• $callback (string, optional): Widget callback to check. (Default: FALSE)
  • $widget_id (integer, optional): Widget's ID. (Default: None)
  • $id_base (string, optional): Base ID of a widget created by extending WP_Widget. (Default: None)
  • $skip_inactive (boolean, optional): Whether to skip inactive widgets or not. (Default: TRUE)

Usage Example for is_active_widget()

Let's say a widget in your theme requires jQuery to run, and you need to enqueue it conditionally. Here's what you do:

8. Checking Whether the Page Is a Single Blog Post's Page: is_single()

Want to check if the user's visiting a single post? One of the most popular Conditional Tags, is_single(), can help you. It can detect any post type, except Attachment pages and Page pages. And if you specify a post ID, post title or post slug (or an array of those), you can detect specific post(s), too.

Accepted Parameters

This Conditional Tag has only one parameter:

  • $post (array/string, optional): Post ID, title, slug or an array of those. (Default: None)

9. Checking Whether the Email Address Exists in the Users Table: email_exists()

If you need to check an email address to see whether it's in the users table of WordPress, you can use the email_exists() Conditional Tag.

This particular Conditional Tag is one of the three Conditional Tags that returns something other than TRUE—it returns the ID of the user that registered with the given email address.

Accepted Parameters

This Conditional Tag has only one parameter:

  • $email (string, optional): Email address to check. (Default: None)

Usage Example for email_exists()

Let's say you're developing a plugin that builds an email list from the users' email addresses and lets you add and remove more email addresses with custom input, but you want to prevent deleting email addresses that belong to users. Here's what you do:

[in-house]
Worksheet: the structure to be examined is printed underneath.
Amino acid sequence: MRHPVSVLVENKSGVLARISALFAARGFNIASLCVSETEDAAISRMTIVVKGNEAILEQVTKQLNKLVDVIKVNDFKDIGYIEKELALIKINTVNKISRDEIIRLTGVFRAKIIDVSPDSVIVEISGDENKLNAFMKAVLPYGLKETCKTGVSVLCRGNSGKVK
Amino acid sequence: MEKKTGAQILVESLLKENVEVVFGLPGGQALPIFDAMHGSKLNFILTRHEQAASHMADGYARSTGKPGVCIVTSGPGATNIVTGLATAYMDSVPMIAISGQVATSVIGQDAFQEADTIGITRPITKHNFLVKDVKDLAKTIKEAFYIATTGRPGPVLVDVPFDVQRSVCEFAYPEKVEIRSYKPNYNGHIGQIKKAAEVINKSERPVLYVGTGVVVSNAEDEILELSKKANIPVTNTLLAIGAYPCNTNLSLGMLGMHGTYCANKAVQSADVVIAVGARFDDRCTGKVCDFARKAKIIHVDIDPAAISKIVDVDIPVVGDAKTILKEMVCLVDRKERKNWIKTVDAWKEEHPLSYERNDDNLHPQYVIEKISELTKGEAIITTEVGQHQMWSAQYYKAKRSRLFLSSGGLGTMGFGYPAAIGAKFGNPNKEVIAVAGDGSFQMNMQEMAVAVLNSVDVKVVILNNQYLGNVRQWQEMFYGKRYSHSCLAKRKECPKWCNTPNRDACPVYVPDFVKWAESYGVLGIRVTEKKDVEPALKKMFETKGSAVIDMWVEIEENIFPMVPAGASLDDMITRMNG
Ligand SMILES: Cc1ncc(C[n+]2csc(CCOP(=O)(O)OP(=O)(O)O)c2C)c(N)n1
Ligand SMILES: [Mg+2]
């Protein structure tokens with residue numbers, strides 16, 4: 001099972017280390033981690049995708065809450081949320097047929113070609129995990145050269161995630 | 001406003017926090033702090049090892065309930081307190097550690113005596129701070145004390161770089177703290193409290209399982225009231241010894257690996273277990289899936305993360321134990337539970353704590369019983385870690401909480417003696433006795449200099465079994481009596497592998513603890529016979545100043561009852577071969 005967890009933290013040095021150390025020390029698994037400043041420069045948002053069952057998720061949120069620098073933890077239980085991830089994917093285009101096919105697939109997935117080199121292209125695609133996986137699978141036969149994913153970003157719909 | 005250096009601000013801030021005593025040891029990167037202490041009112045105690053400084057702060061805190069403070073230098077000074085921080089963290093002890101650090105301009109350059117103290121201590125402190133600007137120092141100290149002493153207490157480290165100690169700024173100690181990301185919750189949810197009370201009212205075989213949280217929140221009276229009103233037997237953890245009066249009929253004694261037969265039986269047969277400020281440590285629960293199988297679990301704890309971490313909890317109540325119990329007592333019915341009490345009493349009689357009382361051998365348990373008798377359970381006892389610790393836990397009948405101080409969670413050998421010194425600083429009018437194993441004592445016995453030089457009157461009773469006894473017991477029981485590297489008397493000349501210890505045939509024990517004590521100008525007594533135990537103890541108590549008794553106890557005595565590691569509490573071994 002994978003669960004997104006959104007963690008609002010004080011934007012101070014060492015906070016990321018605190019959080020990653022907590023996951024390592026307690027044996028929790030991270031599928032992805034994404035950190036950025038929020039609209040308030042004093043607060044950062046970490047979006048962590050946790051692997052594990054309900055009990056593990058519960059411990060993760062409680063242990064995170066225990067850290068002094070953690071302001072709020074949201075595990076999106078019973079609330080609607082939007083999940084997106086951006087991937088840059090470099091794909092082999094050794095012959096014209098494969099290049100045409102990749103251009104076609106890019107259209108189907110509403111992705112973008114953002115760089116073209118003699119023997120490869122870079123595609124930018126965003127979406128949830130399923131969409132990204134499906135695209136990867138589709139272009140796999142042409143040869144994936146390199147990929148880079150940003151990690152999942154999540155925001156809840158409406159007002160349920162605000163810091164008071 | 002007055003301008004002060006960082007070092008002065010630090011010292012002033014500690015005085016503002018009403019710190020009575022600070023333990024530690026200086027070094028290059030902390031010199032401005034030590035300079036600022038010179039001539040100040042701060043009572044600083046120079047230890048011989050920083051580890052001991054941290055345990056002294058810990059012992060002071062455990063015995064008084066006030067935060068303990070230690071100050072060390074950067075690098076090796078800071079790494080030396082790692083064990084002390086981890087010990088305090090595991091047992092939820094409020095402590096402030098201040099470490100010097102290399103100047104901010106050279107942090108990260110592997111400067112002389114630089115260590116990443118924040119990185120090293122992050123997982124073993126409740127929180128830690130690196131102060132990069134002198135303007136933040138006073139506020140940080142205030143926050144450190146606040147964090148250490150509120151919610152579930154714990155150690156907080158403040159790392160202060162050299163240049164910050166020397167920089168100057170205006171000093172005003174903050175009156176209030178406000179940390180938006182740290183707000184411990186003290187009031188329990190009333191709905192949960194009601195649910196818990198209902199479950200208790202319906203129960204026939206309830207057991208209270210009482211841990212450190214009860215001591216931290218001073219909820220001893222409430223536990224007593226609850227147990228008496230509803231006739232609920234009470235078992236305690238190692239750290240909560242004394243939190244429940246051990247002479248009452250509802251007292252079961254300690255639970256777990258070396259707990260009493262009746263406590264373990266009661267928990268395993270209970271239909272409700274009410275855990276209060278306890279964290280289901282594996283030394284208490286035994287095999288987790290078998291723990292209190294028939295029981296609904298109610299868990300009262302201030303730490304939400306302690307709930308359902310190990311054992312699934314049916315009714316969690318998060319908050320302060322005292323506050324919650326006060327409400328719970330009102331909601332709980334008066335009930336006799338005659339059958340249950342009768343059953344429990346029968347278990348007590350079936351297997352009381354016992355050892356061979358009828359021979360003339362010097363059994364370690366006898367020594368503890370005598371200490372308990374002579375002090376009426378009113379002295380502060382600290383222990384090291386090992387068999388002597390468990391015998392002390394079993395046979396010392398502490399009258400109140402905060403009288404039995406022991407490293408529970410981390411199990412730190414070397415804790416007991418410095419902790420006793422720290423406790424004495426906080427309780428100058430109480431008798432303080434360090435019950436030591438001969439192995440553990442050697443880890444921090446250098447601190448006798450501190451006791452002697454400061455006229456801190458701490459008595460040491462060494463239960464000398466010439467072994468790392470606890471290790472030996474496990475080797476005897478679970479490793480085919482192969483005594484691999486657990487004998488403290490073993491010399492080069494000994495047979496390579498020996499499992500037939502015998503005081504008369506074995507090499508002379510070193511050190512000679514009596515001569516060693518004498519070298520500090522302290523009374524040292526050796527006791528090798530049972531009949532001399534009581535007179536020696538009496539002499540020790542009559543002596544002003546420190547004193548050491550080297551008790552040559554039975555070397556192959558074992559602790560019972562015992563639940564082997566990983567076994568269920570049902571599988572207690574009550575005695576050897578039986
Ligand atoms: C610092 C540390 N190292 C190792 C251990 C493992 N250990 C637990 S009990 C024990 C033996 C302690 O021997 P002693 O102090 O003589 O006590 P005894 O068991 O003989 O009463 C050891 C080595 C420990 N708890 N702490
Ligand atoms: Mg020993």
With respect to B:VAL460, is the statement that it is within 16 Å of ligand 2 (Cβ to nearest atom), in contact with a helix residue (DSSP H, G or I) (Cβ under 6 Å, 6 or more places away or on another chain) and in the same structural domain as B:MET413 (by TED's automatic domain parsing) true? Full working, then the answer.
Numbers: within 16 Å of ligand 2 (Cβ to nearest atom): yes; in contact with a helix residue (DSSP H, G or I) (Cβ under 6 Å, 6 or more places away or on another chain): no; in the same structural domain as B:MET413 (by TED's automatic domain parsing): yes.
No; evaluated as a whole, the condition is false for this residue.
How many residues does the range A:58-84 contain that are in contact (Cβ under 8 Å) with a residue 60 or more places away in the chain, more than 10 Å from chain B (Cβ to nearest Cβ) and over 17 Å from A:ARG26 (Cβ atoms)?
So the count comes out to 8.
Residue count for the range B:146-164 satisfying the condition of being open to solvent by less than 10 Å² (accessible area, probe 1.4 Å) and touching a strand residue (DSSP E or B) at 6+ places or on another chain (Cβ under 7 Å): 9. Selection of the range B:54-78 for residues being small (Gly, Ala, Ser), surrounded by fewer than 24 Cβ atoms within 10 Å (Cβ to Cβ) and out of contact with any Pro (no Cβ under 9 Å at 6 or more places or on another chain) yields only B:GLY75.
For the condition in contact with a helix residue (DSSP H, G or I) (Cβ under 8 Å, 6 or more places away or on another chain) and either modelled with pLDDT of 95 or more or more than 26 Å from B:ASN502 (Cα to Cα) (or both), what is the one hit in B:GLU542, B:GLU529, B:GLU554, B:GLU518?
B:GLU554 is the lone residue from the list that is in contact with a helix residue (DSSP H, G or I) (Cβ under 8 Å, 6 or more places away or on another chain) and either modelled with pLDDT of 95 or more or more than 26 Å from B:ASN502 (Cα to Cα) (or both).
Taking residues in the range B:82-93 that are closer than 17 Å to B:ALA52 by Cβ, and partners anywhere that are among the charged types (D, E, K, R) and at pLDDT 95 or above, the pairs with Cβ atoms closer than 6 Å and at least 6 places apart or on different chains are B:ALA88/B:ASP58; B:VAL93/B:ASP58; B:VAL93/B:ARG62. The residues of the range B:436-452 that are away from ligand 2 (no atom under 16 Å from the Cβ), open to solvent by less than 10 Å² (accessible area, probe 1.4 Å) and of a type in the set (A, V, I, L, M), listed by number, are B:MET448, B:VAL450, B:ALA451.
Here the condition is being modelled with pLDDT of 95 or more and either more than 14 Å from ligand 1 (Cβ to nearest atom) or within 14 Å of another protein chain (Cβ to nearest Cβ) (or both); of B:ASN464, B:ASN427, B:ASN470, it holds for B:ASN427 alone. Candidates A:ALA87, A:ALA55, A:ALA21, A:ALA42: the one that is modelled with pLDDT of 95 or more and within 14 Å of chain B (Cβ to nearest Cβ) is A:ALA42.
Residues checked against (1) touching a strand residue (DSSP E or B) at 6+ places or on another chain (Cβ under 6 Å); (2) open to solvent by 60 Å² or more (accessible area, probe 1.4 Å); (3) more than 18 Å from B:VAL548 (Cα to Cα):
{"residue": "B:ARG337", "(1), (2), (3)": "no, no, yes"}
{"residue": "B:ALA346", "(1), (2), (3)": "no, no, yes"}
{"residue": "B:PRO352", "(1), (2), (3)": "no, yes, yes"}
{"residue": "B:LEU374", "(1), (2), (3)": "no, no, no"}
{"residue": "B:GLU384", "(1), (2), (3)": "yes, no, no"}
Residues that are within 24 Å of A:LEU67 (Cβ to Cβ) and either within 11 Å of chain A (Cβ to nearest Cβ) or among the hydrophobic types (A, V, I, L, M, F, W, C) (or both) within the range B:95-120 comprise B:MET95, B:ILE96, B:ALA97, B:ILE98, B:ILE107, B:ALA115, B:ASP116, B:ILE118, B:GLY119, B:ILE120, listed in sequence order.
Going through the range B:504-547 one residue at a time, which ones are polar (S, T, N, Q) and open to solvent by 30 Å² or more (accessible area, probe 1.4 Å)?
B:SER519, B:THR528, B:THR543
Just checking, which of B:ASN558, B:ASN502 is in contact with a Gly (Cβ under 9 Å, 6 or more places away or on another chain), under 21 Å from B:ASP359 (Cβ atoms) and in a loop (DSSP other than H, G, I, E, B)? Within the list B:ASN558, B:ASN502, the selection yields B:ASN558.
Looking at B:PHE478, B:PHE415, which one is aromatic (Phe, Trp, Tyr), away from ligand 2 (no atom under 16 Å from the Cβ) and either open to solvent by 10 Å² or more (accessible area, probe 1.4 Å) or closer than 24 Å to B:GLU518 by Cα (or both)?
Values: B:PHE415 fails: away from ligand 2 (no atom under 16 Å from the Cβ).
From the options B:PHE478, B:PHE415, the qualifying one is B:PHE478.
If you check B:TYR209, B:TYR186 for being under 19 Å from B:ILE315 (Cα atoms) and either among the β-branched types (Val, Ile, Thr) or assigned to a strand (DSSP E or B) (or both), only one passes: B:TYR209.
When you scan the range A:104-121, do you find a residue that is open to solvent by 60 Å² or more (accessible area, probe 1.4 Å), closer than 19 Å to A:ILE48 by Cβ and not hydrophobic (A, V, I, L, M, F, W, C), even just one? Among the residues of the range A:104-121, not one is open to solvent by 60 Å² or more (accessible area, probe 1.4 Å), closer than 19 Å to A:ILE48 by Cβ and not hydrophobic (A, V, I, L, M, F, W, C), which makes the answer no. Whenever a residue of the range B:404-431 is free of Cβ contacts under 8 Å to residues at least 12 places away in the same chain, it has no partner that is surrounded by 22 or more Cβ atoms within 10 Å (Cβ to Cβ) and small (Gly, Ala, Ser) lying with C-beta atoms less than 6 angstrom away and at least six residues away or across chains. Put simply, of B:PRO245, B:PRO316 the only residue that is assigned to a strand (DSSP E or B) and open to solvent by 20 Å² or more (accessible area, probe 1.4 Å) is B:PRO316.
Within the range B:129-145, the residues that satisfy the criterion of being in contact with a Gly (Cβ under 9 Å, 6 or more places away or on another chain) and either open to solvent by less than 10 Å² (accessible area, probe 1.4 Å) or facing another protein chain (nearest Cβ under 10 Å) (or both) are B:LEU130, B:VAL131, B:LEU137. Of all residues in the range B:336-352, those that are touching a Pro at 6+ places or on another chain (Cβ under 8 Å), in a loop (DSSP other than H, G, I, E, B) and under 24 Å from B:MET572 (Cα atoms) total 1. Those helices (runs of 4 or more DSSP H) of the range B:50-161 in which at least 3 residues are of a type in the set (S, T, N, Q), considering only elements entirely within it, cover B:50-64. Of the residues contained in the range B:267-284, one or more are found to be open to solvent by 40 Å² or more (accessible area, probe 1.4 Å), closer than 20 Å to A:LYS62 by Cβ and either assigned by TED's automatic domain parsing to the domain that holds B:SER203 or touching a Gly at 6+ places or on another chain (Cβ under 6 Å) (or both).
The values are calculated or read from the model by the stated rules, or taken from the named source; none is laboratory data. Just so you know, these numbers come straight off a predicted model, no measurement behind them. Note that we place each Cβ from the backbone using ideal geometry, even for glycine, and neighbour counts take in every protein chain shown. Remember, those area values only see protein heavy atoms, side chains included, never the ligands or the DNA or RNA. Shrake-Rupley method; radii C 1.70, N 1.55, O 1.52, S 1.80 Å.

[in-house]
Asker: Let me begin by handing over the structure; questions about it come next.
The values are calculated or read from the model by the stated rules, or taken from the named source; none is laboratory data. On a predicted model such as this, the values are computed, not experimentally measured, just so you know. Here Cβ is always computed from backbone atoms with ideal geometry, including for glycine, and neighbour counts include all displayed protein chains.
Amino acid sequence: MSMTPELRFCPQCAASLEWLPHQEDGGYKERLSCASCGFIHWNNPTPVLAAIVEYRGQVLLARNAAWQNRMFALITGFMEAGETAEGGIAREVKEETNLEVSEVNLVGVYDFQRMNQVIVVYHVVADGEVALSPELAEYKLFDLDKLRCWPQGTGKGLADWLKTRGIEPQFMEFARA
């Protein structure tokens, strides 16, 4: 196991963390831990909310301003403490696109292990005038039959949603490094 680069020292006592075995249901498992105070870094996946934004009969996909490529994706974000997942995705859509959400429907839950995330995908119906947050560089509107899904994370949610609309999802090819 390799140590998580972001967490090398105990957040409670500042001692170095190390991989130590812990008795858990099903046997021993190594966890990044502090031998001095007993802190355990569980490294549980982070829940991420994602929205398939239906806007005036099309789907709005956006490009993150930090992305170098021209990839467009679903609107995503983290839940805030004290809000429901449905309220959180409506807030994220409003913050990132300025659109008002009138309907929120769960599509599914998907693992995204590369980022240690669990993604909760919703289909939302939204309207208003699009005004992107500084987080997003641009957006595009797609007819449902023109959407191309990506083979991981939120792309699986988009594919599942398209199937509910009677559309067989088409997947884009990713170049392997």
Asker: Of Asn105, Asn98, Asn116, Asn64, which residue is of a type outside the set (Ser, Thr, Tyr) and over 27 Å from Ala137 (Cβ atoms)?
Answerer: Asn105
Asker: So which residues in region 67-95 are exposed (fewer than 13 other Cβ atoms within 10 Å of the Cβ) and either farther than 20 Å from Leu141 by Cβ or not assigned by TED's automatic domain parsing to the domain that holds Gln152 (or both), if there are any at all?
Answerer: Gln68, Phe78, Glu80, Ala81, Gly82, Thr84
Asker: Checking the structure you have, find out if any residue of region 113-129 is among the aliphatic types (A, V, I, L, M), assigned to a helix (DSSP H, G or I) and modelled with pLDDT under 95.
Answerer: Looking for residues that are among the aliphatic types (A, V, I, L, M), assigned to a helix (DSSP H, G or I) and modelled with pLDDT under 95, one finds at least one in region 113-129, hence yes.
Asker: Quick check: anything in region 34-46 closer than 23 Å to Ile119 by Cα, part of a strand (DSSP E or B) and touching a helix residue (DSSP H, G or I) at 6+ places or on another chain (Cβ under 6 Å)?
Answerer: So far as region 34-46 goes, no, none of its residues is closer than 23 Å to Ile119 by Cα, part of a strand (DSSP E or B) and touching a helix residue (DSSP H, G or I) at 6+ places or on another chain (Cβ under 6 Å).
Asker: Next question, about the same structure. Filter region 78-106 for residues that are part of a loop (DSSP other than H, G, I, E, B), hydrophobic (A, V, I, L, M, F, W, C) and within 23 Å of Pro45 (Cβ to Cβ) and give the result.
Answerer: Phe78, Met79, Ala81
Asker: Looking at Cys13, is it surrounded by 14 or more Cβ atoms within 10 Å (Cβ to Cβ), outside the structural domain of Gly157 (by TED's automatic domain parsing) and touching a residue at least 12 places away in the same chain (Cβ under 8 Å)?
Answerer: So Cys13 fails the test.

10. Checking Whether the Post Type Is Hierarchical: is_post_type_hierarchical()

Like pages and sub-pages, you can define hierarchy for new custom post types in WordPress. And the Conditional Tag is_post_type_hierarchical() lets your code know whether the given post type is hierarchical or not.

Accepted Parameters

This Conditional Tag has only one parameter:

  • $post_type (string, required): name of the post type. (Default: None)

11. Checking Whether the Post Is "Sticky": is_sticky()

A "Sticky Post" is a post that stays on top of post listings, no matter when it's been published. And—I'm going to be a little discriminatory here—they deserve different treatment from other, ordinary posts. So if you want to add a post class to sticky posts, or treat them in a different way, you can make your code detect them by using the is_sticky() Conditional Tag.

Accepted Parameters

This Conditional Tag has only one parameter:

  • $post_id (string, optional): The post's ID. (Default: None)

Usage Example for is_sticky()

Let's say you're making a theme and you want to display a "STICKY" ribbon in sticky posts. Here's what you do:

12. Checking Whether the Administration Panel Is Being Displayed: is_admin()

Allowing us to know whether we're in the front end or the back end, the Conditional Tag is_admin() is one of the most popular Conditional Tags among all. As the name suggests, is_admin checks whether the WordPress administration panel is being displayed.

Accepted Parameters

This Conditional Tag doesn't accept any parameters.

13. Checking Whether the Page Is a "Category Archives" Page: is_category()

When you want to detect certain category archive pages, you can use the Conditional Tag is_category(). Defining a category (or an array of categories) as its parameter, you can check whether those categories' archives are being displayed. If you leave the parameter unset, it will return TRUE when any category archive page is being displayed.

Accepted Parameters

This Conditional Tag has only one parameter:

  • $category (string/array, optional): Category ID, title, slug or an array of those. (Default: None)

Usage Example for is_category()

Let's say you want to include a different sidebar when the "News" category archives are being displayed. Here's what you do:

Conclusion

In this part, we reviewed 13 of the 65 documented Conditional Tags in WordPress. In the next parts, we're going to go through the remaining 52. If you have any questions or comments, shoot them below—and if you liked this article, don't forget to share it!

See you in the next part!